Hope Clare.







To the Editor of the “Free Review.”


Sir,—If the facts adduced by Hope Clare in your last issue are correct, she had a strong enough case if confining herself to reason, without any need for dropping into rhapsody. And yet, like all ex parte arguers, she gives but an exaggerated and one-sided view of the question.

In the first place, her statements are only true of a certain section of the population, mostly belonging to the upper middle class. The aristocracy, as a rule, all marry, while in the working and small trading classes an “old maid” is the greatest rarity. A poor girl never contemplates any other destiny than marriage, and there is not one in a hundred who has not innumerable chances of love-making, if not of matrimony. This arises chiefly from the incomparably freer life they lead than that enjoyed by the middle class. In sooth, they have a totally different code of etiquette. While a “young lady” is hedged about with a triple wall of protections and restrictions, so that it is a matter of the utmost difficulty for a would-be suitor even to obtain an introduction, the servant or shop-girl not only has numberless opportunities of associating with young men of her acquaintance, but also allows perfect strangers to speak to or accompany her, if only they possess sufficient boldness to introduce themselves. In fact, in this stratum of society the men are the worse off of the two; for, whereas any girl or young woman can secure a lover without any trouble, a young man of refined or unassuming manners finds it somewhat difficult to get a hearing, all the eligible maidens being monopolised by those less scrupulous, who in many cases have no honorable intentions.

Again, the lower classes have no sympathy with that modern and unnatural custom, based entirely on sordid motives, which schools middle-class girls into the idea that they must not think of “love” or marriage until they are grown women. On the contrary, they begin “keeping company” as soon as they leave school (many, indeed, take to “sweethearting” at nine or ten years of age), and there are very few who arrive at maturity in a state of celibacy, even if not legally married. All this is only natural. Girls would not be made most attractive at sixteen or seventeen if that were not the proper pairing period, and to stifle these “tender” instincts during all the romantic time of life, and only indulge them after reaching the uninteresting twenties, is the best possible plan to ensure lifelong single blessedness. Let any girl in her teens render herself moderately accessible and she will be simply besieged with admirers.

Then your contributor, of course, trots out the old superstition as to the numerical preponderance of females. It is true that in England there is an excess of some five per cent., but in America and the Colonies the reverse is the case, and anyhow this would be no ground for promiscuity, however excellent that might be in itself, so long as millions of men are still unmated. The usual excuse for these is that they cannot afford to marry, but it has never been proved that married persons are as a whole worse off than single, and this argument has still less validity now that women themselves can choose from among such a variety of occupations.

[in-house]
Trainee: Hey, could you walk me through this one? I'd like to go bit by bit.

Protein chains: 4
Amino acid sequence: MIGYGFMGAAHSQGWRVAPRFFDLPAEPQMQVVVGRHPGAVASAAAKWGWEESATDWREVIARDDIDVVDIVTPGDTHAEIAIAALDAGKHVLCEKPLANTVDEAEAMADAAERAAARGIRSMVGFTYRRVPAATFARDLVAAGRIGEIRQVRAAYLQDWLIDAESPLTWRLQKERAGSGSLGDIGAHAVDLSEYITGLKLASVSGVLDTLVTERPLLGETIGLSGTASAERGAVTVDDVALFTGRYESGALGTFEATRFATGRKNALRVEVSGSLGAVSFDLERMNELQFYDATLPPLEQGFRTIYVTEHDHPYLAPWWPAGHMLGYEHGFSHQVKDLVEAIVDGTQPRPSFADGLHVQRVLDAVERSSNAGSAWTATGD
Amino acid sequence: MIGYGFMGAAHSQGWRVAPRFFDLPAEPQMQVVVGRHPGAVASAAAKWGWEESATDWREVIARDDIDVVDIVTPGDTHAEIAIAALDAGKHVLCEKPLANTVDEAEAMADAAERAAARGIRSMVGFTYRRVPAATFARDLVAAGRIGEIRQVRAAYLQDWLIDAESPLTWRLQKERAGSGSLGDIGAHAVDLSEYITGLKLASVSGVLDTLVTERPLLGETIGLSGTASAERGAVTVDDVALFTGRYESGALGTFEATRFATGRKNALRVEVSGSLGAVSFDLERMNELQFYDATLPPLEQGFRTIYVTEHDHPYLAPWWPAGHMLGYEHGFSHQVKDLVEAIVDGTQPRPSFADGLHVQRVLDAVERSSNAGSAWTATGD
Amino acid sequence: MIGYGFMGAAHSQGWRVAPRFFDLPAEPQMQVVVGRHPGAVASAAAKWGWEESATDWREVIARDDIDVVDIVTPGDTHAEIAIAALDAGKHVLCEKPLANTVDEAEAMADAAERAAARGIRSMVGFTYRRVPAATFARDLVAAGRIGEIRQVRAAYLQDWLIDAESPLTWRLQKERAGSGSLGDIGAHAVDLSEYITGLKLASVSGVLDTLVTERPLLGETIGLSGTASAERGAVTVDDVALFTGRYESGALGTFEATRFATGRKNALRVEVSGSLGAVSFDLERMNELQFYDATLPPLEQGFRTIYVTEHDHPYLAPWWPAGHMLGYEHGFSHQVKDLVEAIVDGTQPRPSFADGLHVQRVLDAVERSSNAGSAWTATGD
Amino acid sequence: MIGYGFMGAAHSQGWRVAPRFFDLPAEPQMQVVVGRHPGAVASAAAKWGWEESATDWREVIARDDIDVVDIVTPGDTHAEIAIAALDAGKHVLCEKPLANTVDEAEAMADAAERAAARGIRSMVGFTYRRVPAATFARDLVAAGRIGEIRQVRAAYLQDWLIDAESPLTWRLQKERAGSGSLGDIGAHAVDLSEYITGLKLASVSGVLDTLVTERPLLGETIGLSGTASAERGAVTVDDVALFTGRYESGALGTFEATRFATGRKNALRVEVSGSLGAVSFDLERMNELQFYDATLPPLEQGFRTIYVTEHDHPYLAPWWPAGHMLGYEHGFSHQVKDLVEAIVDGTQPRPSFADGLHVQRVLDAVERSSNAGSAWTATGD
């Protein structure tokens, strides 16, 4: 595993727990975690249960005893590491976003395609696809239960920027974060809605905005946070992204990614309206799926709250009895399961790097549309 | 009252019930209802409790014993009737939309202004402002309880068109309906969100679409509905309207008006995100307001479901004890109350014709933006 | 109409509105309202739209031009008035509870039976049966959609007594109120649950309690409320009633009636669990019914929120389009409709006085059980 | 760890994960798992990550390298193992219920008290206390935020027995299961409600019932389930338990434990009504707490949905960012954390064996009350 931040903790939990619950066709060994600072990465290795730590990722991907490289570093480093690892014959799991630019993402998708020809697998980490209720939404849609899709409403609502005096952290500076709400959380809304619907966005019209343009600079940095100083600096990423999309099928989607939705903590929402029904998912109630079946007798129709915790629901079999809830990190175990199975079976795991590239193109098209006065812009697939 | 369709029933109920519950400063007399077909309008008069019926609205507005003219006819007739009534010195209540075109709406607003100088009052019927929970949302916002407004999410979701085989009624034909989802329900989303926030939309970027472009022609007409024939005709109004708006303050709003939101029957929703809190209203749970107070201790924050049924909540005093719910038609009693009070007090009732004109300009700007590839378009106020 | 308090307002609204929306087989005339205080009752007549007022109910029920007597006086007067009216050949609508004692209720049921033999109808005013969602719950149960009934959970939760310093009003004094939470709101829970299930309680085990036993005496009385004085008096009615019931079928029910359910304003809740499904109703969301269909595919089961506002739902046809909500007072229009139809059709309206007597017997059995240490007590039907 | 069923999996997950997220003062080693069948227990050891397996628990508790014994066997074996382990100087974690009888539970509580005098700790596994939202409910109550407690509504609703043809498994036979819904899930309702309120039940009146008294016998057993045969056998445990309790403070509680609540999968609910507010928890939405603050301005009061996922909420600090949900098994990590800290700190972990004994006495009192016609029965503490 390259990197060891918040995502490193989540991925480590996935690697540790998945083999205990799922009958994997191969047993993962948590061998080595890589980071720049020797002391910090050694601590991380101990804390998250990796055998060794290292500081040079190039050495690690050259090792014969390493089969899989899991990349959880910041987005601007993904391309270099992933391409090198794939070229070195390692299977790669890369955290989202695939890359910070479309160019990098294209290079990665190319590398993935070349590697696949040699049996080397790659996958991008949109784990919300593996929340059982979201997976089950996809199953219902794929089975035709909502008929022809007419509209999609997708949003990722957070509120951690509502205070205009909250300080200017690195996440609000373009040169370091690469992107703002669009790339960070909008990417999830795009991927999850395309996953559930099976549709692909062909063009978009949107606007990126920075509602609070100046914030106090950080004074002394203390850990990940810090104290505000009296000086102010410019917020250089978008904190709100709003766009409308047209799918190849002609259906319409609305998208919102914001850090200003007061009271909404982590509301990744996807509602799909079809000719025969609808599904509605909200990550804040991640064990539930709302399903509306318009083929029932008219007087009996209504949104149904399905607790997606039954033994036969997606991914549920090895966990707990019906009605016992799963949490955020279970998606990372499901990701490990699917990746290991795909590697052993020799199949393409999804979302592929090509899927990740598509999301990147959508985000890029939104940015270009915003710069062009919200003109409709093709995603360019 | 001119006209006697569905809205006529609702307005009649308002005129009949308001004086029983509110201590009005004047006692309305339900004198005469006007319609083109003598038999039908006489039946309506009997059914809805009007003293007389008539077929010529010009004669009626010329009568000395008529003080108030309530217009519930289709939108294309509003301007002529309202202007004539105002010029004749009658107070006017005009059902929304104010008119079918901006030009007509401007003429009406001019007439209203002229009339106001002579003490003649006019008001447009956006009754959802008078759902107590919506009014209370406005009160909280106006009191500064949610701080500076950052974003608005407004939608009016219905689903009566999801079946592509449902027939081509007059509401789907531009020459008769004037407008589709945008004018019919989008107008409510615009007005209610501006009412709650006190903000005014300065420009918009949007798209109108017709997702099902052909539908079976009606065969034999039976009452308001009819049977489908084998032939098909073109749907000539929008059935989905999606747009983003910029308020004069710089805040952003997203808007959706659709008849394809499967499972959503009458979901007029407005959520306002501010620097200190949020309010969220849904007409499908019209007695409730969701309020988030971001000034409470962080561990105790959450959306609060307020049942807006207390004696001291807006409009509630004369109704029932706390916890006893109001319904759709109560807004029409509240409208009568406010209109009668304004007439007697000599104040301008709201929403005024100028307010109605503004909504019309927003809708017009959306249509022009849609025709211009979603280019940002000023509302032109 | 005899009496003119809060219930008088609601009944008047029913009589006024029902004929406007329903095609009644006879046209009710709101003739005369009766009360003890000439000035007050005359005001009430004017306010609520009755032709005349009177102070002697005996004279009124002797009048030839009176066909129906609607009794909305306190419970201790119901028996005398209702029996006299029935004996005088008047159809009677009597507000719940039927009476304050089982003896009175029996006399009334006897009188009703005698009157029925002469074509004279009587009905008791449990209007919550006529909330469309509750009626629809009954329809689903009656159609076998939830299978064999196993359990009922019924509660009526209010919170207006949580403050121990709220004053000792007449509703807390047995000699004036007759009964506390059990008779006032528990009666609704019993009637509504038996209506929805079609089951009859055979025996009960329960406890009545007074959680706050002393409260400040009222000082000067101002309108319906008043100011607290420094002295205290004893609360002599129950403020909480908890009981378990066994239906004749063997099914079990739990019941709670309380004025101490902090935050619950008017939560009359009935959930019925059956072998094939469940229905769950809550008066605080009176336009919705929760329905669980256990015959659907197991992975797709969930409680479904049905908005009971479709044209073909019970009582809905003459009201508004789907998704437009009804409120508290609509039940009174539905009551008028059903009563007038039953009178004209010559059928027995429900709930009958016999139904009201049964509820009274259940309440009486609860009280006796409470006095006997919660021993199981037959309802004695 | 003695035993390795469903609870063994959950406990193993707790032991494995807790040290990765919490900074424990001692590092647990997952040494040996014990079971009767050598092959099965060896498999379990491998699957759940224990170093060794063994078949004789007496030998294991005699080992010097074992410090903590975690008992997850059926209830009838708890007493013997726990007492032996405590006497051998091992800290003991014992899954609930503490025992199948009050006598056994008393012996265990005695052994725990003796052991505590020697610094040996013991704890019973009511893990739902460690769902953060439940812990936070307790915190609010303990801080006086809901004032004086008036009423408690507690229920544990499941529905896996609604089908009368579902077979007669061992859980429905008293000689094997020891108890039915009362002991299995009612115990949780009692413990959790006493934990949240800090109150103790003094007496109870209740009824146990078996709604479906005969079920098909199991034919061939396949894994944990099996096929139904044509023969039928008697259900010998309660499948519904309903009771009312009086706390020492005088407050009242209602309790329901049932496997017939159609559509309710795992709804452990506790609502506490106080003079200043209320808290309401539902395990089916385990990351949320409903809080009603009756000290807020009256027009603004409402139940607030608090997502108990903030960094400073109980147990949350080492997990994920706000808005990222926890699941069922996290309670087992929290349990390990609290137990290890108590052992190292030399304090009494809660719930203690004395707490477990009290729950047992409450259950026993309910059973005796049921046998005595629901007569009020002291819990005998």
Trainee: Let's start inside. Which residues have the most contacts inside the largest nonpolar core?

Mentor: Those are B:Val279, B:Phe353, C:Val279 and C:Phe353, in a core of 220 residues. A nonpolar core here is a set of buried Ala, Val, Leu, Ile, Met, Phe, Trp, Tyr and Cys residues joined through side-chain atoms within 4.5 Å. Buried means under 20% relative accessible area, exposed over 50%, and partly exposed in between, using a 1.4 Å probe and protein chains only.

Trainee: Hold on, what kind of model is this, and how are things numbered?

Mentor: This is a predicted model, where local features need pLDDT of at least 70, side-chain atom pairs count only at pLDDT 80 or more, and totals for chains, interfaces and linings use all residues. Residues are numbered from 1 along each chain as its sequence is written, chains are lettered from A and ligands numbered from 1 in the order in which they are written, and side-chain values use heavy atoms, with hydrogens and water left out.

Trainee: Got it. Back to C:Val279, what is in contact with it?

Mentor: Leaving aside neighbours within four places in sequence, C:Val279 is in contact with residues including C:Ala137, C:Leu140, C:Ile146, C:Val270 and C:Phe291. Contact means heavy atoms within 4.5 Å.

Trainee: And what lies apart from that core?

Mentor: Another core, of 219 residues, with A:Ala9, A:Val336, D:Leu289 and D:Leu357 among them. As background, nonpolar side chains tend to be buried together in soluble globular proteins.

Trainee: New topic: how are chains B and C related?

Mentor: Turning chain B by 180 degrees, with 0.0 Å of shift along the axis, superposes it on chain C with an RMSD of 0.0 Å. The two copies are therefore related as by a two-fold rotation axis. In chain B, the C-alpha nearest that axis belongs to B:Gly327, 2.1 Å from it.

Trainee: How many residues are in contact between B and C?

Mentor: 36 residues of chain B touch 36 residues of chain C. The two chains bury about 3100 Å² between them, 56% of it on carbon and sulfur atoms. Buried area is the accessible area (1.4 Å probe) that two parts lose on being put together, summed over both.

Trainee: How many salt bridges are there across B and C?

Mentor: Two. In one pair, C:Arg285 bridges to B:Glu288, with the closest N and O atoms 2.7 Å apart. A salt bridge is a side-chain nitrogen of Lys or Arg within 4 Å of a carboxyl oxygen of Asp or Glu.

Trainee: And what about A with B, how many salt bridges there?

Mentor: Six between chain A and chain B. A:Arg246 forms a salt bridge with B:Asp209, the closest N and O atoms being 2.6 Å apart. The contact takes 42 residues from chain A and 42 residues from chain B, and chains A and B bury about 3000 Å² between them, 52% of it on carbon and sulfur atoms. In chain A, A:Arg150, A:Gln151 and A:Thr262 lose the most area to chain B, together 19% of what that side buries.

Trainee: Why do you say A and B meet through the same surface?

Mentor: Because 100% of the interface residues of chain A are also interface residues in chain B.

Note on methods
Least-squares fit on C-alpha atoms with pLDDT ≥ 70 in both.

The real truth is that nearly all men would marry if there were any recognised means of getting acquainted, if they had a fairly extended choice, if women were less extravagant, and if illicit association were not so easily obtainable.

Evacustes A. Phipson.

Selly Oak, Worcestershire.




To the Editor of the “Free Review.”


Sir,—The article on this subject by the lady who signs herself “Hope Clare “ is interesting, and rises in some parts to a sort of eloquence. But there is another side to the question.

In spite of inferences from statistics, the truth is that comparatively few women who want to marry, and are well fitted for it, need remain unmarried. There are exceptions, sad and pathetic. But of the unmated virgins, how many remain single through their own defects and faults.

In the first place, it is necessary to be on guard always against falling into the attitude of mind which regards marriage or union as the great absorbing object of life. It is no more the chief object of life than is the circulation of the blood. Do not let us put the cart before the horse. A function that is beforehand vitally and supremely necessary is yet not on that account the one ideal and end.

Now (to use for convenience empirical language) Nature is a stern orderer of affairs. She demands in her potential mothers a basis of character, and force of mind—not what (in a bad sense) is called “strongmindedness” by any means, but original sanity and health. Take an imaginary case of an unmarried girl dowered with profuse external charm. She begins by turning herself into an hour glass, separating the thorax and abdomen by an attenuated isthmus of corset. Perhaps she sticks a bird in her hat. The youth talks to hen and discovers that she is either absurdly shy or curiously vulgar. Her speech—if she will speak—is of curates or almond rock. Children she calls “kids”. The youth dangles on, perhaps, but the monitions are not lost on him. He is (manlike) aware (although perhaps he himself indulges in a little occasional slang amongst his own associates) that life is on the whole a serious business, needing to be tempered not with harebrained folly but with strong cheerfulness. Besides, the girl displays a strange, though largely affected, contempt for mankind. She is apparently a proud fortress with closed gates and gaudy bannerets, requiring to be captured by assault of arms, and ever throwing out little taunts—and this appearance she displays to all alike. Love retreats. Reverence gives place to a little spite, perhaps—its opposite. But in time even this vanishes into indifference, and wisely, for the castle if captured would be found barren and desolate within.